Is the Minister saying that we cannot trust members of the YPLA board to appoint members and chief executives? That appears to be the implication. As it stands, is the Bill consistent with the way in which any other bodies that are overseen by his Department appoint their ordinary members and senior officers?
I would trust the board in the same way that I would trust Ministers to make the right appointments in a way that is beyond suspicion. However, we established the Office of the Commissioner for Public Appointments to ensure that the process is beyond doubt for the public. It is right that the appointments to a body that is responsible for £7 billion of public money have that level of public scrutiny. On that basis, I hope that the hon. Gentleman will not press amendment 121.
I am grateful to the Minister for both replies. I am very pleased with his response on amendment 121. I will chalk that up as a triumph and an important concession that I hope will be reflected in future boards.
I am not as convinced by the explanation of the Government amendments. Rather than being technical amendments, it seems that they would put back into the hands of Ministers the power to determine all the board members for the Young Peoples Learning Agency rather than allowing the YPLA itself to select those individuals in the future. There seems to have been something of a change of heart and mind by Ministers on the matter, which as far as I can establish goes beyond what is absolutely necessary.
Does the hon. Gentleman not consider that there comes a point at which Ministers who are accountable to the public for delivering a quality of service need to have the powers to deliver what they promised in their manifesto?
I agree with the hon. Gentleman, but there is no reason why there could not be provision under schedule 3 for there to be intervention when the individuals were acting in an improper way or were not consistent with the Governments policy. Indeed, under schedule 3 the terms of the appointments have to meet with the approval of the Secretary of State. I regret that the Government have gone back on the issue, but I have registered the Ministers arguments and we will mull over the matter and consider whether we want to return to it.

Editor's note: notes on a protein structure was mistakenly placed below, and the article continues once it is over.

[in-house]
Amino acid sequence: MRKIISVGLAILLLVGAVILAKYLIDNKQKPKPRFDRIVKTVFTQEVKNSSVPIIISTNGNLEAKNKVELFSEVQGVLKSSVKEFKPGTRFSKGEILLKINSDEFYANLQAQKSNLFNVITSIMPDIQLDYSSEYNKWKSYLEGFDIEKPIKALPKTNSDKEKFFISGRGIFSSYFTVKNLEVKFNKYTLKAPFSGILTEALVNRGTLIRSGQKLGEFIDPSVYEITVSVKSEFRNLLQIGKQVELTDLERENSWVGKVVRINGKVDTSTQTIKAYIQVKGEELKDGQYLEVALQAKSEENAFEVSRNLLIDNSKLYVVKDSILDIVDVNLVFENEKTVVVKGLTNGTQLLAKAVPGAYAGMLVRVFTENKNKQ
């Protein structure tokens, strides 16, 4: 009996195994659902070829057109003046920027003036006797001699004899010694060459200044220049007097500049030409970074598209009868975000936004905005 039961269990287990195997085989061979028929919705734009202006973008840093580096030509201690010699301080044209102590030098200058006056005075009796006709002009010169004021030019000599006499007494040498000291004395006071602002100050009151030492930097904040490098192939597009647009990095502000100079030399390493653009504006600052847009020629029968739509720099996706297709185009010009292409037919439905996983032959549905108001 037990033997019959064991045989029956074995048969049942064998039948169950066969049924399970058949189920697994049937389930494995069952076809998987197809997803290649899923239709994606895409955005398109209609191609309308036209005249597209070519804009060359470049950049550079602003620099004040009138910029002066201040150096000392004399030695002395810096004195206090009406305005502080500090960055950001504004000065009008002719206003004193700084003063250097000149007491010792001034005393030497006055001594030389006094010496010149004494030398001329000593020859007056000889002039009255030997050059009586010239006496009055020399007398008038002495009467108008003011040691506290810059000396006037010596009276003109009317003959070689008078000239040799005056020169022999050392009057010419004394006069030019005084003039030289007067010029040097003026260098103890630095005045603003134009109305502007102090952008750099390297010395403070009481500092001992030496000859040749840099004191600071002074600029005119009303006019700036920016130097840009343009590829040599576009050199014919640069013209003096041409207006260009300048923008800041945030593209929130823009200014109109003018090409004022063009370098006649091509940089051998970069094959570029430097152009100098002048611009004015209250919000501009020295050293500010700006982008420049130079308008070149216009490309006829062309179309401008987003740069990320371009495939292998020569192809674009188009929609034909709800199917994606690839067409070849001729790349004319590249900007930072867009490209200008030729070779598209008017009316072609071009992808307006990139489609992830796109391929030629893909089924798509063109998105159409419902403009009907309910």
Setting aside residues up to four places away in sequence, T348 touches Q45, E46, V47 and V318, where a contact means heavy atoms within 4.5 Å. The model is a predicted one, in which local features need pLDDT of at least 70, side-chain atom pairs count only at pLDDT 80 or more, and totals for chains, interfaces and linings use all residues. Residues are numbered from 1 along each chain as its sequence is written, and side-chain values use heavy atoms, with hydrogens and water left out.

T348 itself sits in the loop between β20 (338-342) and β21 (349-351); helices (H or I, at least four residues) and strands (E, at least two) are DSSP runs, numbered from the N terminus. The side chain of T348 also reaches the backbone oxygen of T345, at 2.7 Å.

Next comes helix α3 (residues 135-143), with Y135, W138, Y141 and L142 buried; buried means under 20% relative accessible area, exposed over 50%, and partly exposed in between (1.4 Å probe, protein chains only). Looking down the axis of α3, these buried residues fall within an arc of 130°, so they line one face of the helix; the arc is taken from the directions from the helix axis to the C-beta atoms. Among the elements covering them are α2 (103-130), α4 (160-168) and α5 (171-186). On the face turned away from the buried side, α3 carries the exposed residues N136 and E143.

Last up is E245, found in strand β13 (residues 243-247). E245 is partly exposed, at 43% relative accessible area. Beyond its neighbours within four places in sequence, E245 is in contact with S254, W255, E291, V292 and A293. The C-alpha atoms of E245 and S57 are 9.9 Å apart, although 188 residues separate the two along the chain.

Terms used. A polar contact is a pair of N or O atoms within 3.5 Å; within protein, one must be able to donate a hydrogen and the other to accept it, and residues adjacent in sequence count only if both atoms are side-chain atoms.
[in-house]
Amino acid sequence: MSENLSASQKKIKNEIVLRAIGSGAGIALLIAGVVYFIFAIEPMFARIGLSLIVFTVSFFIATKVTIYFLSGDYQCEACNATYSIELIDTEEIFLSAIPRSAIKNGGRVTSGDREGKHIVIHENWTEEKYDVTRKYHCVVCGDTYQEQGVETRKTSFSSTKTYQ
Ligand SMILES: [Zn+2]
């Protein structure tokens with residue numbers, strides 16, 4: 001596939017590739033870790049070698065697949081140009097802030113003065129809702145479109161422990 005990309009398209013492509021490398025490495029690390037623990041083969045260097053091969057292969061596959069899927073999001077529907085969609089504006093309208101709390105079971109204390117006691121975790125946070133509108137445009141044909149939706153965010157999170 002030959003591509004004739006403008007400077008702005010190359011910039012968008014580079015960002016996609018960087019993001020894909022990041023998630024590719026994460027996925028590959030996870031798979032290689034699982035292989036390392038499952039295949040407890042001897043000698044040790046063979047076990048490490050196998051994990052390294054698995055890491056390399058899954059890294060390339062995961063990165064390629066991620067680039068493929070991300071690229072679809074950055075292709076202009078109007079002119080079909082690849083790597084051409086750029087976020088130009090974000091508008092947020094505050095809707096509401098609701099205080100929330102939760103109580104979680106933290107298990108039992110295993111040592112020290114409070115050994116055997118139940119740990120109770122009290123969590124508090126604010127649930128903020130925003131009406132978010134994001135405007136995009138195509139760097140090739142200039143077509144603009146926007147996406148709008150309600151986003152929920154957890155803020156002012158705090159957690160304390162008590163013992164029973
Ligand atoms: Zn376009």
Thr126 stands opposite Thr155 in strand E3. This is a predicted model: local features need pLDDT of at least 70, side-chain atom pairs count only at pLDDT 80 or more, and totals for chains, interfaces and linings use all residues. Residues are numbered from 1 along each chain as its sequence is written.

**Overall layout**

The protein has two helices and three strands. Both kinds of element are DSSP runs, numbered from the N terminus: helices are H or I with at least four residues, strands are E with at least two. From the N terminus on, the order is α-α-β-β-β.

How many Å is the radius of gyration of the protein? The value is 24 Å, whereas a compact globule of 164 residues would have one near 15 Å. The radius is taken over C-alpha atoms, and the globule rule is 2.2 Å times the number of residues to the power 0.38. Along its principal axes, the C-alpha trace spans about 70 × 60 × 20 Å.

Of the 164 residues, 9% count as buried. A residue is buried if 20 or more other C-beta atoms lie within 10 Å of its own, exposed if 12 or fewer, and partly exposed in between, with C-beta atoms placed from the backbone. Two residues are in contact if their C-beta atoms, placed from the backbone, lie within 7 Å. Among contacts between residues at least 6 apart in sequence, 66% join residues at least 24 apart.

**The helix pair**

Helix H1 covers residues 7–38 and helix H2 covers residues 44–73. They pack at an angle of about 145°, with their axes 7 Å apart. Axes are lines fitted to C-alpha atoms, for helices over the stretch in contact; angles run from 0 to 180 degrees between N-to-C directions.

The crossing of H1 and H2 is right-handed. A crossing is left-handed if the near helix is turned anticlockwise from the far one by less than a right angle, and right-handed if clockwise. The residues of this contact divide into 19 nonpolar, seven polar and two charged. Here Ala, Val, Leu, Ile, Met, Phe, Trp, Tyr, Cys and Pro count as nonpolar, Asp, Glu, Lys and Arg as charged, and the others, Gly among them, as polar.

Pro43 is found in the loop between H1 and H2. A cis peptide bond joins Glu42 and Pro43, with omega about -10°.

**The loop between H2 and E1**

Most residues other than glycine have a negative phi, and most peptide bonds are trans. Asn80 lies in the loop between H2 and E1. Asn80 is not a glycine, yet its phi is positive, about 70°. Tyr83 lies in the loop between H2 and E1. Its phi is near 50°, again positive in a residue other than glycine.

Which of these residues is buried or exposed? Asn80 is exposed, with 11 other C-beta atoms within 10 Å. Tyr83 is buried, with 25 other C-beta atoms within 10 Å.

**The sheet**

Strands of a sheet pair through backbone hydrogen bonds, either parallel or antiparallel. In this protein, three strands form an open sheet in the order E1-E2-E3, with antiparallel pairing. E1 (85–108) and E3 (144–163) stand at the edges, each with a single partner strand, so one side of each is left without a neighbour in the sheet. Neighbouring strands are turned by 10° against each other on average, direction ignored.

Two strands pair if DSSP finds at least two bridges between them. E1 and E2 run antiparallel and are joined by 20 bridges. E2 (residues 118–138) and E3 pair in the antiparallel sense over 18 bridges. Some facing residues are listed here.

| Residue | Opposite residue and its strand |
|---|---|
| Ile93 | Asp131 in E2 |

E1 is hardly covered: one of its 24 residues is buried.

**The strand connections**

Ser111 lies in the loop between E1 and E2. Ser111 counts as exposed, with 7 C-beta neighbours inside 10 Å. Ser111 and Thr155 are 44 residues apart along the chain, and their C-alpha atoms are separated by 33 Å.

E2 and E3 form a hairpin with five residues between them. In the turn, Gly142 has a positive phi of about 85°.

The amendments make changes to the governance of the YPLA. Amendments 322 to 325 restrict the application of paragraph 3 of schedule 3, which is concerned with tenure, to members of the YPLA other than the chief executive. Amendment 326 has the effect that the chief executive will be an ex officio member of the YPLA board.
That is a pertinent question. Obviously, the measures do not apply to the chief executive who will be an ex officio member of the board, but for all other board members the tenure will normally be three years.
I beg to move amendment 327, in schedule 3, page 155, line 31, leave out its and insert the ordinary.
The amendments make changes to the governance of the YPLA. Amendments 327 to 329 restrict the application of paragraph 4 of schedule 3, which is concerned with remuneration, to members of the YPLA other than the chief executive. Amendment 332 provides for the YPLA to determine the conditions of service of members of staff, other than the chief executive, with the Secretary of States approval.
That degree of transparency is certainly in the public interest. The normal accountancy rules, which have that sort of disclosure in them, will apply. The chief executives pay and pensions will be determined in accordance with conditions of service set out in proposed new paragraph 5(A1), as shown in amendment 330.
As a public body, I would expect there to be that level of scrutiny. If different, I shall write to the Committee and let it know.
This amendment provides for the YPLA to determine the conditions of service of members of staff other than the chief executive, with the Secretary of States approval.
333, in schedule 3, page 157, line 37, leave out the chief executive or any of the ordinary members and insert
any of the other ordinary members or the chief executive.(Jim Knight.)
I beg to move amendment 305, in schedule 3, page 160, line 23, leave out this or any other and insert any.
The amendments are minor, technical drafting changes, which ensure consistency in all references to the Bill in conjunction with other Acts.